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Combining machine learning and mathematical optimization

Article five of five

In our first article we identified four scenarios where Machine Learning can cooperate with Mathematical Optimization. Here we identify further reading of two notable resources that can help us learn more about this topic. We encourage practitioners to review these two articles.

Machine learning for combinatorial optimization: A methodological tour d’horizon

[Article link]
Yoshua Bengio, Andrea Lodi, and Antoine Prouvost

This paper surveys the recent attempts, both from the machine learning and operations research communities, at leveraging machine learning to solve combinatorial optimization problems.

Given the hard nature of these problems, state-of-the-art algorithms rely on handcrafted heuristics for making decisions which are otherwise too expensive to compute or mathematically not well-defined. Thus, Machine Learning looks like a natural candidate to make such decisions in a more principled and optimized way. We advocate for pushing further the integration of machine learning and combinatorial optimization and detail a methodology to do so.

A main point of the paper is seeing generic optimization problems as data points and inquiring what is the relevant distribution of problems to use for learning on a given task.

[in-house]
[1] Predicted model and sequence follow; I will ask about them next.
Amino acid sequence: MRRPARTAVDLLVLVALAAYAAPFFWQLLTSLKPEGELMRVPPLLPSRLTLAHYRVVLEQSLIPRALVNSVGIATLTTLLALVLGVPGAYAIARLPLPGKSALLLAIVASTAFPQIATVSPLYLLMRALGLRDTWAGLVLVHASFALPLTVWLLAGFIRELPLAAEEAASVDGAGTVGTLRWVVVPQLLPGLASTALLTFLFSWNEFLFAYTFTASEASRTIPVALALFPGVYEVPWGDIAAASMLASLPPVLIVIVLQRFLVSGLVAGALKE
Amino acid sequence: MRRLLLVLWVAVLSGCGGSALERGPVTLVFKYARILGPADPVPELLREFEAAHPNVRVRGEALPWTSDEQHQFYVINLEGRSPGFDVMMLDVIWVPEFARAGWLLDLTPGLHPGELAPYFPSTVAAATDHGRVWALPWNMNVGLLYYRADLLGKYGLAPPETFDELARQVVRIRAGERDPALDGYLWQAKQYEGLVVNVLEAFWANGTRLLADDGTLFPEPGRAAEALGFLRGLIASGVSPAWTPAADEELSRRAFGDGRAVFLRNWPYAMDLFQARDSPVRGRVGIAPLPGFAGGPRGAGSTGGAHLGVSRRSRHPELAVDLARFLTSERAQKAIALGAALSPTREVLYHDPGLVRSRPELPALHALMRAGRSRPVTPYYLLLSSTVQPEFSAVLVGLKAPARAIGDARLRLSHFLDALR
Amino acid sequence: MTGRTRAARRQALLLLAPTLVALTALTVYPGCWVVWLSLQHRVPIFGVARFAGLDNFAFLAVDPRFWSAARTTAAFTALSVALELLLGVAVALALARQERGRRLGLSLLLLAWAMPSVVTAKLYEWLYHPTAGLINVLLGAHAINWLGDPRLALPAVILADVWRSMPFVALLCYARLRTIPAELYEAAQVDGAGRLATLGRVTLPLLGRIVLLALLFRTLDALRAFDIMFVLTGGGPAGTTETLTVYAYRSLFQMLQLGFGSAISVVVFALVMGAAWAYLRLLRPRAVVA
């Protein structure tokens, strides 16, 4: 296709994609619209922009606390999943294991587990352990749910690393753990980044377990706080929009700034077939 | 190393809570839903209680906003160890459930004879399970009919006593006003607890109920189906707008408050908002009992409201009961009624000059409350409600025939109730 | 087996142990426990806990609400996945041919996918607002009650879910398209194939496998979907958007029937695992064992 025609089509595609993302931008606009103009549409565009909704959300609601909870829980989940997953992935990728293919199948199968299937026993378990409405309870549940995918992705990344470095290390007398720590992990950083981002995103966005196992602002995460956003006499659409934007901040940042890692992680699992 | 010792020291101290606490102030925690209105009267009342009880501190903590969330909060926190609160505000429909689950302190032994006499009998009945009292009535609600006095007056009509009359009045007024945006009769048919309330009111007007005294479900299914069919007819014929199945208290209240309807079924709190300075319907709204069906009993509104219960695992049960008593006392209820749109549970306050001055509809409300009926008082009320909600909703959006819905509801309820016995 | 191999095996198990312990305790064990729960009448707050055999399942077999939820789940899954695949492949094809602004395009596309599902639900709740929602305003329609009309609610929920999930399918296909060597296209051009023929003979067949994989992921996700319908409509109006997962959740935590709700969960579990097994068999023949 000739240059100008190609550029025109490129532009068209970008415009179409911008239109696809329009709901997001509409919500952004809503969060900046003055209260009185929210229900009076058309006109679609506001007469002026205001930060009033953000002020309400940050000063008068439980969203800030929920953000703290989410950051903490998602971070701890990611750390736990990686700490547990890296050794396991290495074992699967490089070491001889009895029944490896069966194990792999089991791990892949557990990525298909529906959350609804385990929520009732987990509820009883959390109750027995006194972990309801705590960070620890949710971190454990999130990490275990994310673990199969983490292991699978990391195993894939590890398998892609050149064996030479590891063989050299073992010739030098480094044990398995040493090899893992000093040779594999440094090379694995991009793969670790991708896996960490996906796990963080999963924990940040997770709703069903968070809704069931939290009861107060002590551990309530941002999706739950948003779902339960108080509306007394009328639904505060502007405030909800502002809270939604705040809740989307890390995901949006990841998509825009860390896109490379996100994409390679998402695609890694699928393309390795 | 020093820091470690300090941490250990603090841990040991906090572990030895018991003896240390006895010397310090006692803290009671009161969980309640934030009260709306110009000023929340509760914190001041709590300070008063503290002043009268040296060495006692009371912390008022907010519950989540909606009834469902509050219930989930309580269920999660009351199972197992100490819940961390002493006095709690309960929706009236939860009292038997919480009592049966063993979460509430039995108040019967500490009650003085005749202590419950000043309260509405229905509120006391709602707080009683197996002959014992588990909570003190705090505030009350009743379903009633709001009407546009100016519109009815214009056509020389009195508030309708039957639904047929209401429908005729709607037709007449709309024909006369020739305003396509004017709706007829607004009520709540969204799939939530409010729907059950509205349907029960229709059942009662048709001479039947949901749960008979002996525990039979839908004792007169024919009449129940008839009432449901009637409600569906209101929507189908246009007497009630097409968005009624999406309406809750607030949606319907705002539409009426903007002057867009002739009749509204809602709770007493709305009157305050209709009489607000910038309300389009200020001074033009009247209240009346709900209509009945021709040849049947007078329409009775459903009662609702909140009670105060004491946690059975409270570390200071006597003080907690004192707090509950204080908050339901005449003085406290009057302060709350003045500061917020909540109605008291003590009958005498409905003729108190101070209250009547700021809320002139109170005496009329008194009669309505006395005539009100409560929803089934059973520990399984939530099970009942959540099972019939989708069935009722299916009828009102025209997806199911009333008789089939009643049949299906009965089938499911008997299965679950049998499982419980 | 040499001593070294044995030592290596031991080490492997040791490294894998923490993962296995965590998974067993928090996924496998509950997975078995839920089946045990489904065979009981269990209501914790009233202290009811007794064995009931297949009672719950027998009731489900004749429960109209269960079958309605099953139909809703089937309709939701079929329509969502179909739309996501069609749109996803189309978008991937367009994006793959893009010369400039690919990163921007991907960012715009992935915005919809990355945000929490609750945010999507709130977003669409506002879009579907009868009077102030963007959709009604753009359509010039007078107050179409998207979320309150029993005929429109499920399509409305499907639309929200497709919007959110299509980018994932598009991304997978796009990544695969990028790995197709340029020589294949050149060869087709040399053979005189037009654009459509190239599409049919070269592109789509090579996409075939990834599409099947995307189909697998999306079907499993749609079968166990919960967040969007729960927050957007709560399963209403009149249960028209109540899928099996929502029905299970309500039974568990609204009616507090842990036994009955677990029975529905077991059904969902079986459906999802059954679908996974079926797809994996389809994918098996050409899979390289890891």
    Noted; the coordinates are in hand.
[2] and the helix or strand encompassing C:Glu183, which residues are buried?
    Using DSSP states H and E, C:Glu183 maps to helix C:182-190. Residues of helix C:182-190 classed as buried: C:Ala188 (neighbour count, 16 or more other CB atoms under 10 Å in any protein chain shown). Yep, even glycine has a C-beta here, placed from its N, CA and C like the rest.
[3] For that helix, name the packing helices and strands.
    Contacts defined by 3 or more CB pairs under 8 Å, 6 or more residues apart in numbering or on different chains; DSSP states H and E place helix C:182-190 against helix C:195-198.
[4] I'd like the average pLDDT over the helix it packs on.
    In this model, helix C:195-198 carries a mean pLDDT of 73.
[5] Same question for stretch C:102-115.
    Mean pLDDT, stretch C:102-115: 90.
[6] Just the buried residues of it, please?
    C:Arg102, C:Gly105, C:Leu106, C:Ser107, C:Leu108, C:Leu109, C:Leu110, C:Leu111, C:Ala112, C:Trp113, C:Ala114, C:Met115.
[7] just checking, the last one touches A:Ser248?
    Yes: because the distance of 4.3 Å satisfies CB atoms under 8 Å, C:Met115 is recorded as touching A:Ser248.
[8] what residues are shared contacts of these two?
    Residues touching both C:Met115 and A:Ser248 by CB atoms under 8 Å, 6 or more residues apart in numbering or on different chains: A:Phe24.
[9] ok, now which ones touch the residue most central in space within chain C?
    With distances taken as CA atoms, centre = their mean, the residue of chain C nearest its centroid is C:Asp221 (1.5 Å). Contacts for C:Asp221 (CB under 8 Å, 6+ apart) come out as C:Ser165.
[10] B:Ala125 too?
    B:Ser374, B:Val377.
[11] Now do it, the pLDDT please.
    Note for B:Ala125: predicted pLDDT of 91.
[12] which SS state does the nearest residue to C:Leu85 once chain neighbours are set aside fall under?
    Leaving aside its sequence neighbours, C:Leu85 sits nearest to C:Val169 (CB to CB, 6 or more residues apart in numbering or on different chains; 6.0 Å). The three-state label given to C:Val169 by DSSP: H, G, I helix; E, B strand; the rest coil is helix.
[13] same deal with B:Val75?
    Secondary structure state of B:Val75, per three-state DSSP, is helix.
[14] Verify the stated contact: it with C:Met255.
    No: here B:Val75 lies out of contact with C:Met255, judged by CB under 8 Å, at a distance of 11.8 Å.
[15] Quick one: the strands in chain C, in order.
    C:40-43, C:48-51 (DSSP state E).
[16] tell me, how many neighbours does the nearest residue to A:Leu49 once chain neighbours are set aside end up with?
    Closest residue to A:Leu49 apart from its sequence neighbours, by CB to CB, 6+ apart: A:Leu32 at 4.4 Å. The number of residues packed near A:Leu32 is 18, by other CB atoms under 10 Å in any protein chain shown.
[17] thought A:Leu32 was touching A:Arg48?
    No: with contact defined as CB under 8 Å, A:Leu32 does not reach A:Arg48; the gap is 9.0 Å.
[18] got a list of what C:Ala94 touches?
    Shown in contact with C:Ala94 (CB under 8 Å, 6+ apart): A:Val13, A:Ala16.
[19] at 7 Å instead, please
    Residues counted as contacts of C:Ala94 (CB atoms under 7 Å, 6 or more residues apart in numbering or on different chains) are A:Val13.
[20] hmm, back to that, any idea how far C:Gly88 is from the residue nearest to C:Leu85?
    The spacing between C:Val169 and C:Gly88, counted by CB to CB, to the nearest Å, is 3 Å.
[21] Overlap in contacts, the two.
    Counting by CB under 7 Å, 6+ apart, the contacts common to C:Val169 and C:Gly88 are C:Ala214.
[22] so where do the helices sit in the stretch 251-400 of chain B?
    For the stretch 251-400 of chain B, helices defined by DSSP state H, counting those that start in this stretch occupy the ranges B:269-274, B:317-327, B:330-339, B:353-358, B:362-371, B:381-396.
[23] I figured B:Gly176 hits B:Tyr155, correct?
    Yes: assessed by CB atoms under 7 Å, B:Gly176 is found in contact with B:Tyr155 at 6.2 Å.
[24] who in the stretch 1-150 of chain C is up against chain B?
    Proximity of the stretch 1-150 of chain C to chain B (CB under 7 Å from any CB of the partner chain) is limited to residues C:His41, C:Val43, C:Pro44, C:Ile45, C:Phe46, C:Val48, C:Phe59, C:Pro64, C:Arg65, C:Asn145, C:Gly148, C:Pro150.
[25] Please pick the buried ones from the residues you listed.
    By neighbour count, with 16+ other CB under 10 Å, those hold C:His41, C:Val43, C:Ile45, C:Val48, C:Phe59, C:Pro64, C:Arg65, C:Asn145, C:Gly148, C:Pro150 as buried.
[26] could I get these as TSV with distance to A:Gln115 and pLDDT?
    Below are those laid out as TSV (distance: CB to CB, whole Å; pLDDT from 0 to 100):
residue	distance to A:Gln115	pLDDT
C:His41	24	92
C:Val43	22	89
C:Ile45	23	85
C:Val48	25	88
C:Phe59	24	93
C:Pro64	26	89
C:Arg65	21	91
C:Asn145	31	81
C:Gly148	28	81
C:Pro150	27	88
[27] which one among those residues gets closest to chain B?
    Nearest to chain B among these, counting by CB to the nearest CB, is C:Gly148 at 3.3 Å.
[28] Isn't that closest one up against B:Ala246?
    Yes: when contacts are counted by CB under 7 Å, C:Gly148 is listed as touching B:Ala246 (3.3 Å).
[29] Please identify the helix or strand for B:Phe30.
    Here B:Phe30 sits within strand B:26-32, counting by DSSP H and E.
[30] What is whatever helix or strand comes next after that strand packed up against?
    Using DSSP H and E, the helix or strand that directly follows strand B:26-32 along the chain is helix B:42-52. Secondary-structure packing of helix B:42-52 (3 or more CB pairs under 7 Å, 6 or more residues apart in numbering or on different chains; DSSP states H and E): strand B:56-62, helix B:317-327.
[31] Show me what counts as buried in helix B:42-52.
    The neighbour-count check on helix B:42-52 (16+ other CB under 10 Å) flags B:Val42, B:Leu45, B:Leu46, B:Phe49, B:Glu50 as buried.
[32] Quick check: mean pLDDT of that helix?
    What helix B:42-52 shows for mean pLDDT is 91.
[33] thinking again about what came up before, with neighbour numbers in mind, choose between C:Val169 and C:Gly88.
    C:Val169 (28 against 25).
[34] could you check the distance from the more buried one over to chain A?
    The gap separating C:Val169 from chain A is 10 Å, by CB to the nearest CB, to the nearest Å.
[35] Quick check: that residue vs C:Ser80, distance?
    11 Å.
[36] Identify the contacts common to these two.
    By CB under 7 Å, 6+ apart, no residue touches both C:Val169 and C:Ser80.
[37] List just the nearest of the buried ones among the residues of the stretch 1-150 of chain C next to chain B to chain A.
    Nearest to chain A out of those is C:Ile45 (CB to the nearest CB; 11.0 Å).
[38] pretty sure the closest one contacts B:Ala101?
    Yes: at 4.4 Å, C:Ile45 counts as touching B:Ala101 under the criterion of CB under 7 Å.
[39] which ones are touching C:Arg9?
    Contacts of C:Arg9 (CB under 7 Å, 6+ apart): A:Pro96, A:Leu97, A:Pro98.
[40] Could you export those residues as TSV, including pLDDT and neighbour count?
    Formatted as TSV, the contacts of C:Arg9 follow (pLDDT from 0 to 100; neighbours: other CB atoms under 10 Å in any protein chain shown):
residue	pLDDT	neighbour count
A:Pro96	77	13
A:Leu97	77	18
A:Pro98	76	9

The second article:

On Learning and Branching: a Survey

[Article link]
Andrea Lodi & Giulia Zarpellon, volume 25, pages 207–236(2017).

This paper surveys learning techniques to deal with the two most crucial decisions in the branch-and-bound algorithm for Mixed-Integer Linear Programming, namely variable and node selections.

Because of the lack of deep mathematical understanding on those decisions, the classical and vast literature in the field is inherently based on computational studies and heuristics, often problem-specific, strategies. The authors both interpret some of those early contributions in the light of modern (machine) learning techniques, and give the details of the recent algorithms that instead explicitly incorporate machine learning paradigm.

In our next series we will focus on reinforcement learning, case studies that combine Machine Learning and Mathematical Optimization and how open source and commercial solvers can benefit from the new technologies.

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